Last week the Greek government, with the heavy handed support of its larger friends in the Eurozone, succeeded in coercing some 85.8 percent of private sector bondholders to voluntarily exchange €206 billion-worth of Greek sovereign bonds for newer bonds with longer maturities, lower coupon rates, and a face value of 53.5 percent less than the original paper. The benignly termed haircut (more accurately described as a scalping) is particularly painful for those buyers who were literally strong armed by their own governments into buying Greek bonds in the hopes of achieving regional financial stability.
A monstrous creation of political expediency, the deal may have solved Greece's short-term funding of some $19 billion in bonds due on March 20th, and secured the likelihood of its receipt of an additional $170 billion package bailout. While it is still far too early to tell if the agreement does anything beyond kicking the can down the road a few paces, the immediate lessons are easier to grasp. Most strikingly, this episode reveals just how cheaply the rights of private bondholders will be held in the new world of sovereign bailouts.
One particularly pernicious aspect of the settlement was the declaration that the European Central Bank (ECB) deemed itself to be 'senior' to all other bondholders and was thusly able to recoup all its invested principal. This unilateral action should justifiably shock traditional private bond buyers worldwide. Previously, such draconian and politically self-seeking actions would have been the purview of revolutionary tyrannies, not the modus operandi of staid Continental bankers.
Equally troubling was the underhanded manner in which the Greek government used collective action clauses to pressure bondholders to accept a 'voluntary' swap. Using these legal devices, even those who had said no were declared retroactively to have said yes. In this manner, more than 90% of bondholders are now on board. The Soviets could not run a better election.
At the last hour, the whole messy deal was deemed a 'credit event' by the International Swaps and Derivatives Association thereby triggering payments of so-called credit default swaps (CDS). Interestingly, investors only learned of these modest reimbursements after the deal was finalized. This delayed decision could fuel suspicions that the action was deliberately timed to bring pressure on bondholders to accept the Greek government swap offer.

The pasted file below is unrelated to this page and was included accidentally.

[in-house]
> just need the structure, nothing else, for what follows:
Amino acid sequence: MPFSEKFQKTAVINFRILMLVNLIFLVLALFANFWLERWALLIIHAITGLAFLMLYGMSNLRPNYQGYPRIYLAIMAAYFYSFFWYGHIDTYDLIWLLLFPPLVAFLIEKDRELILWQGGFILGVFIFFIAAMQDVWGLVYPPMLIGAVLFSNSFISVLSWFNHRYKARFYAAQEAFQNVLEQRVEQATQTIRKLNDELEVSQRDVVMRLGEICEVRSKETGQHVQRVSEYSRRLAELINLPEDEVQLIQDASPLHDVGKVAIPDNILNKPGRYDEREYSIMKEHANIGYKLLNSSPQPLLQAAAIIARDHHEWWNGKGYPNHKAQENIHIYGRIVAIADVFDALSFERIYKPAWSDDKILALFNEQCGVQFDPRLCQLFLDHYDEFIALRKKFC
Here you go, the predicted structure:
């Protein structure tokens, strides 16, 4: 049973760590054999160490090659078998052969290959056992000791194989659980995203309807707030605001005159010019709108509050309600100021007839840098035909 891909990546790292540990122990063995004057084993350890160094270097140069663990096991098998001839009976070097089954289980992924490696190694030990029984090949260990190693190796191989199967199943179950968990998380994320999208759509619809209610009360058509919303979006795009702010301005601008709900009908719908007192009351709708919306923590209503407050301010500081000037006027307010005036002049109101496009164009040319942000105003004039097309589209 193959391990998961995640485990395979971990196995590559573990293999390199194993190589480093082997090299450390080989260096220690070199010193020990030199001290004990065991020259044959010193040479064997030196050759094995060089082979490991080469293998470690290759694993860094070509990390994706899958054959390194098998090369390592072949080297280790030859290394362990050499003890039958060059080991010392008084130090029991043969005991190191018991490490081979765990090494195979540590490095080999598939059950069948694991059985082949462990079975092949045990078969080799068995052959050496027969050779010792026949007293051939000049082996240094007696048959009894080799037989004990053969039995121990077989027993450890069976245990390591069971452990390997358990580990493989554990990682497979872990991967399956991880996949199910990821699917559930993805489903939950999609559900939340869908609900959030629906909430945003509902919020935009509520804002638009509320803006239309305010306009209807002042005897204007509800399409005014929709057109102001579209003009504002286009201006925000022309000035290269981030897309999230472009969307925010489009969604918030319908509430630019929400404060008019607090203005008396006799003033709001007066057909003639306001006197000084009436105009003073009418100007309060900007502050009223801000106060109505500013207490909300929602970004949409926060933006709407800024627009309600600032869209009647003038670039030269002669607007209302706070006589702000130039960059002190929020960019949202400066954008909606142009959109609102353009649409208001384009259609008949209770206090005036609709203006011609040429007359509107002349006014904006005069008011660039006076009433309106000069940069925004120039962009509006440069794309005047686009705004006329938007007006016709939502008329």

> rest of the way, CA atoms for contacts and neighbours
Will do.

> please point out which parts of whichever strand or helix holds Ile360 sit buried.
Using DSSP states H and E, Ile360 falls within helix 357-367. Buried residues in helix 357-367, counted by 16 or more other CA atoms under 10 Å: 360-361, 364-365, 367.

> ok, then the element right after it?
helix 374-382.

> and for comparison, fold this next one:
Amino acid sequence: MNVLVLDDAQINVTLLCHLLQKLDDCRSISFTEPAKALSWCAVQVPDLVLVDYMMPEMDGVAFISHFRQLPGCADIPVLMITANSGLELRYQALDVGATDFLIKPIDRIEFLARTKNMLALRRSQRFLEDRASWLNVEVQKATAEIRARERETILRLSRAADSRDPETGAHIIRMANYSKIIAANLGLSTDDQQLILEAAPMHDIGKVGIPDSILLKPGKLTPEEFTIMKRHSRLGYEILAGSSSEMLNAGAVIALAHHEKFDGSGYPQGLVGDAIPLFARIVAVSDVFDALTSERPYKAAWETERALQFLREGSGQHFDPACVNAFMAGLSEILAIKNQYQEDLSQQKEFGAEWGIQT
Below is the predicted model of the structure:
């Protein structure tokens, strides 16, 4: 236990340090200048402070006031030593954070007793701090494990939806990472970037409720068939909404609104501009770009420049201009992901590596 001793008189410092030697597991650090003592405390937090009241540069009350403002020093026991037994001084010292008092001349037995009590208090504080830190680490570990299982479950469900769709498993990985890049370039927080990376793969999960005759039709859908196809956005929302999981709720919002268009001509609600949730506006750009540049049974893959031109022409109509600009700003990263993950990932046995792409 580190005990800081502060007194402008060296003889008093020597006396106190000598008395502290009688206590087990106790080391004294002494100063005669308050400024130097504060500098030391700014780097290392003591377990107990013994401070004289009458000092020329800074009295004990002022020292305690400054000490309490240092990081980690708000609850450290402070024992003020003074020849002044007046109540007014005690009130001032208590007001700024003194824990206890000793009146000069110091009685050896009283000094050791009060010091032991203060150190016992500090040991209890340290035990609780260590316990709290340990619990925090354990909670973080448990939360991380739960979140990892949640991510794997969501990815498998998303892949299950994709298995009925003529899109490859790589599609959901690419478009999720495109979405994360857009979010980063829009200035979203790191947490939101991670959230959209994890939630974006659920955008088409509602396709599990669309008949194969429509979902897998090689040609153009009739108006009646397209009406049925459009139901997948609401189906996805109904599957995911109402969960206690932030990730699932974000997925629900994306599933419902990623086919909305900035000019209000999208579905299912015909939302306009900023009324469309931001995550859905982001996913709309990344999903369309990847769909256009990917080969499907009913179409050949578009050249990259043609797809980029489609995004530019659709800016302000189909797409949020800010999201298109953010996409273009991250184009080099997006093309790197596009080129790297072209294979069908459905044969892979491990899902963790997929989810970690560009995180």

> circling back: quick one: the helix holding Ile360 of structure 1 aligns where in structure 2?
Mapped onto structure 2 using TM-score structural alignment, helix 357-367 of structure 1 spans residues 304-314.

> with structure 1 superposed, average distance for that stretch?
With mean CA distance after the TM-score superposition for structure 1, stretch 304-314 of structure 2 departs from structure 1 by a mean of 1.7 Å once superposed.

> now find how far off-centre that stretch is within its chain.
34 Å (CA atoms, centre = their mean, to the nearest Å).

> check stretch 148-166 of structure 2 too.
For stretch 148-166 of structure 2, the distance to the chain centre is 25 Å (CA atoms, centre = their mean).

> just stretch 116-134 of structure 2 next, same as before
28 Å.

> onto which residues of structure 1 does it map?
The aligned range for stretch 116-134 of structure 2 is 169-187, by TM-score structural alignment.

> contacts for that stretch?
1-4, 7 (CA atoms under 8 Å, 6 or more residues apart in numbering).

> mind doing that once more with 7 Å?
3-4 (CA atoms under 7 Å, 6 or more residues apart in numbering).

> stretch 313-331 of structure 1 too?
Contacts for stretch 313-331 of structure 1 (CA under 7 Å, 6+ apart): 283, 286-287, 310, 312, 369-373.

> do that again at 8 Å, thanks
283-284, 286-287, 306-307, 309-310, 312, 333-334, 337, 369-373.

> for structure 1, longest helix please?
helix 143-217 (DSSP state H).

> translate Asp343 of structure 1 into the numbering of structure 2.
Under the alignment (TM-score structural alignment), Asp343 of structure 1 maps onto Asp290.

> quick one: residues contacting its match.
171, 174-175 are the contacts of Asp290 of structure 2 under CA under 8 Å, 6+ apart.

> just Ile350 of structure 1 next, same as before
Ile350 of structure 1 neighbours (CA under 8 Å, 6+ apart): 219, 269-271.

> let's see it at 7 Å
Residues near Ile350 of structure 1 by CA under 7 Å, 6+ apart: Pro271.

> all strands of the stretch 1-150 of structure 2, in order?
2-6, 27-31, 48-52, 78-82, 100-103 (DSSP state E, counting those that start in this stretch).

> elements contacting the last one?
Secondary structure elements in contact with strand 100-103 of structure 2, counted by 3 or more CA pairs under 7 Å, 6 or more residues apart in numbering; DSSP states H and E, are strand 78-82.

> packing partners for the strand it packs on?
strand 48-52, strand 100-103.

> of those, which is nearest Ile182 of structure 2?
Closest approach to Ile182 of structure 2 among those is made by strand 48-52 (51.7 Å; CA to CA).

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These three official actions likely will erode confidence quietly and will create extensive long-term damage to the image of government bonds as a riskless asset class. Coming at a time of recession and increased government spending, it could herald acute funding difficulties for less creditworthy nations. It may also scare some private buyers away from the highest rated sovereign debt, leaving central bankers as the increasingly dominant market maker. An analysis of this problem can be found in the latest issue of Euro Pacific's newsletter.
Forgetting the lessons of the pre-Bretton Woods era, many institutional investors had been lulled into the fond belief that in the modern world governments of politically important developed nations would not default. This belief had allowed many nations to borrow massively even as they failed to address fiscal imbalances. The Greek default should shatter this belief.
At its core, this deal was a means to protect the financial status quo. And from my perspective the biggest losers, worse off even than the private bondholders, are Greek citizens who must live under the weight of a crushing austerity imposed upon them from without. It would have been far better for the rank and file Greeks if their government had been allowed to default the old fashioned way, and all lenders, public and private would have been made to pay, in full, for their ill-advised loans. In so doing, a newly impoverished Greece would have at least a real chance for a fresh start.
The unemployment rate among young Greeks is some 51 percent. Unless the situation reverses itself quickly and decisively, Greece may never be able to repay even a much reduced debt burden. In the meantime, the Greek people will be subject to inescapable poverty. But it need not happen. Some four years ago, Iceland put ECB austerity proposals to a referendum. The people voted for default. Now it appears as if Iceland is on the road to recovery. Last month, S&P raised Iceland's credit rating, illustrating what may happen if free markets are allowed to function. Greece may be an example of the dangers of best laid plans.
John Browne is a Senior Economic Consultant to Euro Pacific Capital. Opinions expressed are those of the writer, and may or may not reflect those held by Euro Pacific Capital, or its CEO, Peter Schiff.